Whilst living well was clearly a primary concern for people in the past, dying well was equally, perhaps even more, important. A whole literature existed – the Ars Moriendi, or Art of Dying, printed in the 15th century, which sought to instruct people in how best to conduct themselves in their last mortal moments on earth. This was an age of extremely high death rates. Death was highly visible. Unlike today where death is sanitised and usually takes place outside the home, in the early modern period sickness and death were domestic events. It would even have been common for children to have seen a corpse, and spent some time around it.
The so-called ‘good death’ has a long history. Before the Reformation, the way a person behaved in their final moments was of signal importance since it could influence their final destination. But what constituted a good death? Ideally the sick person should firstly have prepared their soul well before. They should already have lived as a good Christian but, when sickness was upon them, they should act to ensure their affairs were in order.
The dying person should be surrounded by their family and friends who would monitor their behaviour, and take comfort at signs of piety. For example, the dying person should be humble and contrite, and show readiness to meet their God. If possible they should, out loud, confess and repent of their sins and forgive any sins against them. Finally, they might take time to speak to each of their family, expressing love and hoping to meet them on the other side. Such a death would reassure family members that their loved one was bound straight to Heaven, and that they should not worry about their soul.
After the Reformation things changed markedly in terms of attitudes towards final conduct. No longer was it firmly believed that behaviour could influence whether a person went to Heaven or Hell. But this is not to say that the ‘good death’ was not still extremely important. Protestant belief in predestination, in other words that people were already marked out before birth for either the Pearly gates or the River Styx, meant that people were ever watchful for signs that they, or their families, might be one of God’s elect. A good death might be just the sort of proof they sought.
Even in the seventeenth, and into the eighteenth, centuries people still monitored the behaviour of the dying and looked for possible messages. In 1668, John Gwin wrote in his notebook that “My wife’s mother died 25th May, the last words she spake O Dduw Kymer Vi [Oh God, come for me/take me] for w(hi)ch words and others we received coserninge her we yield all praise to God etc” For Gwin, the old lady’s final message was Godly and pious, displaying a readiness to submit to judgement. His note about reports from others about her conduct is also telling.
When Robert More died in 1670, his brother Giles reported with satisfaction that “after a quiet night] he sent forthe with great earnestnesse 3 or 4 most Divine shorte prayers…he died at 1 in the afternoon”. David Jones, The rector of Mynydd Bach in Abergorlech, Carmarthenshire in the 1730s kept a close eye on the conduct of his sick parishioners. Of one he wrote (with more than a hint of his Welsh accent) that, despite her pain she ‘behaved herself lovely’. Of another, although she was ‘hoping to live but expecting to die’ she ‘hoped she had been a good Christian.’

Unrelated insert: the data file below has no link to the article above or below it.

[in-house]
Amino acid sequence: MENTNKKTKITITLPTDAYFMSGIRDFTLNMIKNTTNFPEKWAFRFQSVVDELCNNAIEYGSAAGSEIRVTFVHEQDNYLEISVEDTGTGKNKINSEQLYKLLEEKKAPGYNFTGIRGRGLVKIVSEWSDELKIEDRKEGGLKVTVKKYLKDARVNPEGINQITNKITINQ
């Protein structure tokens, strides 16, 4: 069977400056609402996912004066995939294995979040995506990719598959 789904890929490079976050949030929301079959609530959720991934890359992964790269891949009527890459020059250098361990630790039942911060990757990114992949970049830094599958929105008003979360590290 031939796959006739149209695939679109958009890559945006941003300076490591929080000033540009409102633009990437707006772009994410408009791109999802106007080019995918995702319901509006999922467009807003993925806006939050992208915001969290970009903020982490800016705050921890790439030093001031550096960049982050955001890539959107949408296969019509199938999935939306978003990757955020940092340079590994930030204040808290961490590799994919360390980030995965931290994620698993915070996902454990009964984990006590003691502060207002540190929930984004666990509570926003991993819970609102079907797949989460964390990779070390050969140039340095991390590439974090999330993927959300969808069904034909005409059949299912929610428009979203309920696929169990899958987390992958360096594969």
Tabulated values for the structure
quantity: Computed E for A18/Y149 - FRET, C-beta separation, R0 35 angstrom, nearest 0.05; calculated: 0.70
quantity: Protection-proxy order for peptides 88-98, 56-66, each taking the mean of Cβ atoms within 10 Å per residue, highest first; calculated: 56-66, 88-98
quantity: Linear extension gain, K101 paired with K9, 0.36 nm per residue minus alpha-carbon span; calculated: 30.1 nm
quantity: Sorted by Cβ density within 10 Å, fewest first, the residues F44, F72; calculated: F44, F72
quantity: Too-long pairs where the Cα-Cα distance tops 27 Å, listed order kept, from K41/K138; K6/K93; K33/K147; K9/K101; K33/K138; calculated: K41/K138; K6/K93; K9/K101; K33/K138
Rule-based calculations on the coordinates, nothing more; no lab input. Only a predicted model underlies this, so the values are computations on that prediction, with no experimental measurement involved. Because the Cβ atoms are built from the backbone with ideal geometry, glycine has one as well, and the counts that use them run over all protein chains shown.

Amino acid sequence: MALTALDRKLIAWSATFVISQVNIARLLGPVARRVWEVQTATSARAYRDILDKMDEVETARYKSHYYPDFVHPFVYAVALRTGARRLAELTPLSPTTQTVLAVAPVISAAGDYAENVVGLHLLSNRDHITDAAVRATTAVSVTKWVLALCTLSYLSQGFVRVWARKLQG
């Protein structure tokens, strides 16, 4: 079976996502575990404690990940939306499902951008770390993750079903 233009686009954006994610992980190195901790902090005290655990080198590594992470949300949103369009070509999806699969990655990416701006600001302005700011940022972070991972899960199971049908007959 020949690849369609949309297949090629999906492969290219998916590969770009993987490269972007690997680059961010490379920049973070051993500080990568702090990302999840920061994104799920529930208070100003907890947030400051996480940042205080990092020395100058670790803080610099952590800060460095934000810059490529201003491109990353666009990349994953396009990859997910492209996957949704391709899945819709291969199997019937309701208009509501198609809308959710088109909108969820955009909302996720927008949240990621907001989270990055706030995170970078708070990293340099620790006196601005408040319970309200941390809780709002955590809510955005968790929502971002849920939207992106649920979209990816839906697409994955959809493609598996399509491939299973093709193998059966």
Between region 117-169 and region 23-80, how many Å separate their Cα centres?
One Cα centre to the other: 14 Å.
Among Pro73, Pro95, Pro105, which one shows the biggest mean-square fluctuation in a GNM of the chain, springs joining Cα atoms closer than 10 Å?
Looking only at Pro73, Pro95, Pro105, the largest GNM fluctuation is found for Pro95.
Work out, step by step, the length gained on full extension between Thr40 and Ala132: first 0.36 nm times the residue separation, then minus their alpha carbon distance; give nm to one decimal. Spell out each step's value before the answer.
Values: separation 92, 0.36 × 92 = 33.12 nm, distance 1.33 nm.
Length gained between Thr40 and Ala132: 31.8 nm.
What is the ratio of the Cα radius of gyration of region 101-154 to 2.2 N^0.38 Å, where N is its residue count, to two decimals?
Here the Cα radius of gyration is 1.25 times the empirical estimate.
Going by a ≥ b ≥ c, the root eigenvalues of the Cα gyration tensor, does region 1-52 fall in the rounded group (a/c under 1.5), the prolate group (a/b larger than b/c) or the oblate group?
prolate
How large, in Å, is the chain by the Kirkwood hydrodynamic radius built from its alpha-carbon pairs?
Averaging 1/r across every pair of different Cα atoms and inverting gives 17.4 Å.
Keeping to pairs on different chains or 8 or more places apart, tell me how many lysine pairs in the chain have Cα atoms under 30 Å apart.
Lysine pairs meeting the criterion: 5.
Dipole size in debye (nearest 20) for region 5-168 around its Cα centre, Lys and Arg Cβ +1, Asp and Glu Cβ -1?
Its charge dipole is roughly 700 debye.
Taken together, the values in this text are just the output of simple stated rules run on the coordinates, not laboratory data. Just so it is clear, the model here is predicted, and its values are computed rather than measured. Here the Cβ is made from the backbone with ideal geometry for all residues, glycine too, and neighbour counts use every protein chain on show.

But the other side of the coin was the bad death. Whilst many people would surely have preferred their final moments to be peaceful and orderly, life was seldom that straightforward. Some people died suddenly, robbing them and their relatives of the chance to prepare. Victims of murder were denied a good death, prompting some speculation that ghosts were the souls of those troubled by not having had chance to prepare themselves. Some people simply died alone. For others, bouts of sickness took away the power of speech. Such an occurrence was especially troublesome to families since their loved one was physically with them but unable to communicate their feelings.
But there is another, often overlooked, group of people who simply wanted to be left alone to die in their own way. Imagine the scene. You are in the last hours of your life, perhaps gasping for breath, in pain and misery. Your family surround you, all constantly watching you, hanging on your every word and, perhaps, prompting you to hold forth with a stream of pious utterances. Some could clearly bear it no longer.
Others had long since abandoned any pretence at caring. In 1598 died Lord Burghley after a long sickness, and surrounded by children, family and friends who had spent several hours praying, crying by his bedside and trying in vain to save him. Burghley’s last words? “Oh ye torment me…For Godes sake let me dye quietlye’! Perhaps a similar bout of lectures, lessons and spiritual moralising prompted Elizabeth Angier, the wife of a Puritan minister to ask her doubtless devoted and panicked husband ‘Love, why will you not let mee goe?’.
Some took it a stage further and decided that misanthropy was the only way. If they were going to die, why keep up social pretences?! Reports of the death of Sir William Lisle in 1681 noted that he “Died privately in a nasty chamber – he allowed nobody to visit him, no not even his wife and children”. The last words here should fittingly go to ‘Old Duckworth’ of Yorkshire who also died in 1681. “He died miserably in poverty] his toes rotting off, he slighting it said they never did him any good, he stank that nobody could abide to come to his house, in a dreadful state”